Inglis said the table shows that, over the last three years, the budgeted increase in operating costs was less than what could have been expected as the result of development growth. Although in the last two years the budget, excluding non‐TCAs, shows a higher rate of increase than would be expected under this methodology. He’s not entirely sure why this occurs but suggested the introduction of the residential recycling service in 2012 is an obvious example of “budget creep.”

“Nevertheless, there is always opportunity for cost reduction but this inevitably requires some difficult decisions on the part of Council,” Inglis said. “For example, in April 2012, Golden City Council announced that it would be eliminating its transit service. ‘We had to take a hard look at under‐performing services in fairness to the taxpayer and in this case make a possibly unpopular but logical decision,’ Golden Mayor Christina Benty said at the time.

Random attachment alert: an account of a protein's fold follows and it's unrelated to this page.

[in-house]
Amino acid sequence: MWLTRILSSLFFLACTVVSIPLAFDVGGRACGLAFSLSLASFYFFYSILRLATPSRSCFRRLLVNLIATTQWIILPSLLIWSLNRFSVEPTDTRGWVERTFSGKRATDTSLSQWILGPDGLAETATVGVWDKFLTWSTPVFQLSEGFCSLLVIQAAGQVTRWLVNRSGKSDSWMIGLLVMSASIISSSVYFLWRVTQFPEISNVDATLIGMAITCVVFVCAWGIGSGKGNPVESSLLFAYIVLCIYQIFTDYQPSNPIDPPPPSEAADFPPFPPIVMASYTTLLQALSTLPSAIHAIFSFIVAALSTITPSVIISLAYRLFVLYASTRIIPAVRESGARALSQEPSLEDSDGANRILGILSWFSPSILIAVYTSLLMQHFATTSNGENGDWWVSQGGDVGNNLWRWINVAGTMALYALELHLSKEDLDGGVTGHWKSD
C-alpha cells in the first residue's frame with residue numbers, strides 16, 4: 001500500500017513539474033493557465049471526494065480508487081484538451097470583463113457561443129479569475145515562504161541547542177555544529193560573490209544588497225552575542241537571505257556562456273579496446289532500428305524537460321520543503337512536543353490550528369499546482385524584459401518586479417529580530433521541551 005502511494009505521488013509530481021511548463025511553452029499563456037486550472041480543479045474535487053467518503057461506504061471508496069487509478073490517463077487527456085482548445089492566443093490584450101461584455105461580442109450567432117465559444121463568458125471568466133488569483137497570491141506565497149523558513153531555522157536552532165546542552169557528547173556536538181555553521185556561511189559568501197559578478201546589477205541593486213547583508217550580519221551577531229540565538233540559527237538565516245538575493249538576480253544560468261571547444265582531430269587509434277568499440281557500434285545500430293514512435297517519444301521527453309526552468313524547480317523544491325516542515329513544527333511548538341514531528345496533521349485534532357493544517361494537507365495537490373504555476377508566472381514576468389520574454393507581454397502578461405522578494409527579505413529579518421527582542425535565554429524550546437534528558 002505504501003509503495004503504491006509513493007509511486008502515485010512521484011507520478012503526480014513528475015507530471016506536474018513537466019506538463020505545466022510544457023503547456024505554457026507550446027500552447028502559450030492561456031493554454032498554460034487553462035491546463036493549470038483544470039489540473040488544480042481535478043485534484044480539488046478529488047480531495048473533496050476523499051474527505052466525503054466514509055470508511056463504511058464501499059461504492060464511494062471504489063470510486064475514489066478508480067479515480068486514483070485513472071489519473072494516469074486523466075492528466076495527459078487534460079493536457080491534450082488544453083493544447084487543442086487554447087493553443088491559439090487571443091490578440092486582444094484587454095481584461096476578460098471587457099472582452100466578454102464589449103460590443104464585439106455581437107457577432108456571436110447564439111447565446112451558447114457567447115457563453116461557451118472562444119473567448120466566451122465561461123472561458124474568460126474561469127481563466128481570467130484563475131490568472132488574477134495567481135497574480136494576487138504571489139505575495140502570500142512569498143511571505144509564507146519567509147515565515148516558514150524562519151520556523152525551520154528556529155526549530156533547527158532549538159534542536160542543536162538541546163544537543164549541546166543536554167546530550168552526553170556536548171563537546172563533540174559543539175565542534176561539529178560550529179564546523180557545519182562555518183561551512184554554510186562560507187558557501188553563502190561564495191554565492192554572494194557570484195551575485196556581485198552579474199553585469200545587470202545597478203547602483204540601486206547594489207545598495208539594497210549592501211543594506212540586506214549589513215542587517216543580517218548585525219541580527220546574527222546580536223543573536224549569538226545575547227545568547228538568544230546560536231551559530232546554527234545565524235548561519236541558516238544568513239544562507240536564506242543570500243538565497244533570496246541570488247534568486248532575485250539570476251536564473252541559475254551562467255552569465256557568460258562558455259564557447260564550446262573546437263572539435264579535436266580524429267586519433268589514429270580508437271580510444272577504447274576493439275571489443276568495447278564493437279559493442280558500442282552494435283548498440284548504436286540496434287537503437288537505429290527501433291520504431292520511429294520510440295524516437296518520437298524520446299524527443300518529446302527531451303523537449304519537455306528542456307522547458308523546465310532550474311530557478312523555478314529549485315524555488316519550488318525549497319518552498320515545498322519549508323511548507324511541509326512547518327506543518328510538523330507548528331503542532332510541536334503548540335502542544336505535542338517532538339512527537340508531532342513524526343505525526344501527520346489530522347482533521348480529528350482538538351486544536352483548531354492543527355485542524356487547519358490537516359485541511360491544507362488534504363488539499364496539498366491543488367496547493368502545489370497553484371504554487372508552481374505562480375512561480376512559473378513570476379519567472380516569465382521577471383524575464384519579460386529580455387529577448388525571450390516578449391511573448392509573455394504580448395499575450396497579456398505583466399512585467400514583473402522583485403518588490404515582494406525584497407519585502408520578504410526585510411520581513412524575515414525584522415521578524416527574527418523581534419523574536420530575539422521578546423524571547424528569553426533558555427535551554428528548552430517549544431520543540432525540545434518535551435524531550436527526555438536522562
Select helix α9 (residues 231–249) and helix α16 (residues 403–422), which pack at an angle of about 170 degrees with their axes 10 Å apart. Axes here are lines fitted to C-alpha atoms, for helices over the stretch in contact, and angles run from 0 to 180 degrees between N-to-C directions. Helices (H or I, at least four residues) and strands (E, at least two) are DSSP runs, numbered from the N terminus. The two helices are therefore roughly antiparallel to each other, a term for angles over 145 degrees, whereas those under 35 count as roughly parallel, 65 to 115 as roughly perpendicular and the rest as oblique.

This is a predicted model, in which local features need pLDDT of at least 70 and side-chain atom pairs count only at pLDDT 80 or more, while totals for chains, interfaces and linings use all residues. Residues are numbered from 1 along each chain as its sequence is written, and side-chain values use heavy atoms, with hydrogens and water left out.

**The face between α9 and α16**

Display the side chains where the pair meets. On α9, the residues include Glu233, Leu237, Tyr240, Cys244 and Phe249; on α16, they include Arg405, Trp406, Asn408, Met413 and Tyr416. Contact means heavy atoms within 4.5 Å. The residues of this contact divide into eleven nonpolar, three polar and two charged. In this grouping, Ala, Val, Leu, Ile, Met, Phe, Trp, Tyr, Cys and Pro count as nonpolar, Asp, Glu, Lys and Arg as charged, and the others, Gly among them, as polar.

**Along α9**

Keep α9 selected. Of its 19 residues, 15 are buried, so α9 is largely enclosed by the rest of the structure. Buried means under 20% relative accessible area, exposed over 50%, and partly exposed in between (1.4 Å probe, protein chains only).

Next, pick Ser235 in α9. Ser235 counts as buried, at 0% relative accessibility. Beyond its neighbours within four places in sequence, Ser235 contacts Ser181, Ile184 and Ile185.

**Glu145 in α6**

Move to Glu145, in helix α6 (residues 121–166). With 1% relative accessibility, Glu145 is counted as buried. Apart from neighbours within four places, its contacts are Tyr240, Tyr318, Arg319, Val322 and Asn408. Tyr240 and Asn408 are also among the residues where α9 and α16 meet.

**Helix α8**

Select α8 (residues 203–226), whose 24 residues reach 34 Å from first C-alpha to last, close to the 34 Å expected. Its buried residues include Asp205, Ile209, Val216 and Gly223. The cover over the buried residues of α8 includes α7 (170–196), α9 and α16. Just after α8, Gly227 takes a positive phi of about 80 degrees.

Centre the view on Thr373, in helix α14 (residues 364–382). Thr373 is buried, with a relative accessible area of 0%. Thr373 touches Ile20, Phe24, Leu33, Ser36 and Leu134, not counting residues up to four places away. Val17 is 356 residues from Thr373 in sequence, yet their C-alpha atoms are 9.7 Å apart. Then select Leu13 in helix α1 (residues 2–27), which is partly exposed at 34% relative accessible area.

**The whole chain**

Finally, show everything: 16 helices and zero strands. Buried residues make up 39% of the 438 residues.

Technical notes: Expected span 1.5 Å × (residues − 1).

“It is the responsibility of management to follow Council’s direction in the provision of services to our citizens in the most efficient and cost-effective way possible. There are frequent decision points arising during the delivery of services that provide opportunities for staff to control costs. Ultimately though, in order to achieve significant cost reductions, decisions will have to be made on whether certain services continue to be delivered. This could mean the elimination of a service in its entirety or a reduction to a level that is acceptable.”